Corrido de la Sangre

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The Tiger Lillies

Director Mark Holthusen

Writer Pedar Bjurman

Music and Lyrics Martyn Jacques

The Tiger Lillies have been delighting and possibly revolting audiences for nearly 30 years. This “anarchic Brechtian street opera trio” are Grammy nominated, world class purveyors of unapologetically deviant and defiant shows. Commissioned by HOME, Manchester, Corrido de la Sangre is a vivid, glorious celebration of the rip roaring circus that is the Mexican Day of the Dead. Ruthless and gruesome no one escapes unscathed as this dark and gleeful trio play their twisted tunes.

Three musicians on a stage within a stage, pasted in garish make up and suitably clad to evoke their long dead characters, this corrido band rises from hell to play again and tell the ghastly tale of their demise. From the opening number it is clear that this is no grotesque parody but is a high calibre, darkly anarchic cabaret.

The band are skilled musicians playing a range of instruments from piano and ukulele – Martyn Jacques to upright bass and musical saw – Adrian Stout and Jonas Galland on a range of drums. Martyn Jacques sings with a laconic and dispassionate falsetto that can be pure and sweet or acid sharp and vitriolic. At times it feels like Dave Vanien from The Damned has met Noel Coward in the catacombs and formed some unholy musical alliance with a mariachi band.

The lyrics of each song drive the narrative along with vivid imagery that is not for the mawkish or easily offended. Orphan is sweetly plaintive and poignant, La Bruja mournful and haunting while Scarface is a shocking and visceral description of the ghastly disfiguring of a young women. I bought the soundtrack and I’m still humming along to the bizarrely upbeat Good Doctor and the haunting Borderland.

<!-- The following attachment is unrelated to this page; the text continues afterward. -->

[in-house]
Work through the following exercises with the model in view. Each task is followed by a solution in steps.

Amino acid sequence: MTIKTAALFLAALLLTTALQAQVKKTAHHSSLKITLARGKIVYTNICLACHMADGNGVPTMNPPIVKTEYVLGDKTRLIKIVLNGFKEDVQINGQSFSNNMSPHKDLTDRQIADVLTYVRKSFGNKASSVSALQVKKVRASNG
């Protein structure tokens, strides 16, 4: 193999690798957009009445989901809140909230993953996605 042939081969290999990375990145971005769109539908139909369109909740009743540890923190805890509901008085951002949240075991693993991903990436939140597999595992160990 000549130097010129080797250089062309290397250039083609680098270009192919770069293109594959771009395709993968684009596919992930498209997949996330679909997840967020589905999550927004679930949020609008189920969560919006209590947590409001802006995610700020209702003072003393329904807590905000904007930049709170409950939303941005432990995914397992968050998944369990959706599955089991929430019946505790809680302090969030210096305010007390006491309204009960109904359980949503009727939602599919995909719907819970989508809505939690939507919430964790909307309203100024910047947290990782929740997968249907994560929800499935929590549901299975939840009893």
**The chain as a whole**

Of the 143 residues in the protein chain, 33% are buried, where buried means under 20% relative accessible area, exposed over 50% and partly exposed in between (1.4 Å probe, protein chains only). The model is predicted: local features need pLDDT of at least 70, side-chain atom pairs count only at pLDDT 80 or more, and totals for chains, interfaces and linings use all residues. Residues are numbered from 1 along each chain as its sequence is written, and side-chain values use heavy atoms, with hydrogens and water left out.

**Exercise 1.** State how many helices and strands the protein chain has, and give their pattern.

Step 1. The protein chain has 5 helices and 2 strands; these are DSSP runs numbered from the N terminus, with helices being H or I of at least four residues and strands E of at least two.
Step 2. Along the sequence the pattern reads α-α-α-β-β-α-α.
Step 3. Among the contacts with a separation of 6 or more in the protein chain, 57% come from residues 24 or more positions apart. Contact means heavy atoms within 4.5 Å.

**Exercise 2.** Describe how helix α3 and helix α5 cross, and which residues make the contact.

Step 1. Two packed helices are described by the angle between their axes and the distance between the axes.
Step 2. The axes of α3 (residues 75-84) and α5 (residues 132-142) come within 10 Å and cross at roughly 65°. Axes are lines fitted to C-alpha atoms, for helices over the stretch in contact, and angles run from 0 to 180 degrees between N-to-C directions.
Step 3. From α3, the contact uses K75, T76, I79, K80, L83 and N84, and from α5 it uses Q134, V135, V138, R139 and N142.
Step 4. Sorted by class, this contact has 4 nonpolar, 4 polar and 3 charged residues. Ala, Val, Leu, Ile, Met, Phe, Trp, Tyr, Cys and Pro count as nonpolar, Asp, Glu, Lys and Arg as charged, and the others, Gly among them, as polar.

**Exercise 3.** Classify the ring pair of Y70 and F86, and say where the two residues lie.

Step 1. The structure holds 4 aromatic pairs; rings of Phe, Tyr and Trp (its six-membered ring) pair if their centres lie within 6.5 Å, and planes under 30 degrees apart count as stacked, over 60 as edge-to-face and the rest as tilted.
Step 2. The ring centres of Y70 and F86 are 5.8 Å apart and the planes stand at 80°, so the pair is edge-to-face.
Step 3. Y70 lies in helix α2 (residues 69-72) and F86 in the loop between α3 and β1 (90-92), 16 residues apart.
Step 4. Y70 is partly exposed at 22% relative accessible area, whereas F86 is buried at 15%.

Visually it is gorgeous. The staging is intimate, and the combination of projections, shadow puppetry and papercut artwork create a constant feeling of wonderment as reveal after reveal alters the staging like a kaleidoscope and creates a sense of the performance being peeled back through the years like Russian dolls unfolding in size. The backdrop gives a sense of the decaying splendour of old Mexico and the ragged holes suggest the disintegration of cloth like flesh from a corpse. The projection of colours and shapes from fiesta lace and flowers to the gold of icons weeping blood to Mexican skies and flames of hell is visually stunning. It evokes the magical realism of Frida Kahlo but with the scale of Diego Rivera folk art murals. Director Mark Holthusen has created a beautiful visual spectacle that pulsates like a vast beautiful beating heart.

As the good doctor says – Once you are in, you can never get out. Leaving the performance at HOME last night I was tempted to ask for a lock in and for the deadly trio to rise again and sing another corrido.

At HOME 20th April – 5th May

Viva

The Tiger Lillies

Images by Jonathon Keenan

Brief Encounter

THE LOWRY

Adapted and directed by Emma Rice

A Kneehigh production

Ten years on from its first hugely successful staging and Emma Rice and Kneehigh have revived Brief Encounter. This musical adaptation blends the 1936 Noel Coward play Still Life and the iconic 1945 film Brief Encounter. If the originals depict ordinariness and repressed passion played “with a deliberate colourlessness”, then Rice wilfully and mischieviously paints a canvas around the lovers that is warm, vivid and earthily sensual.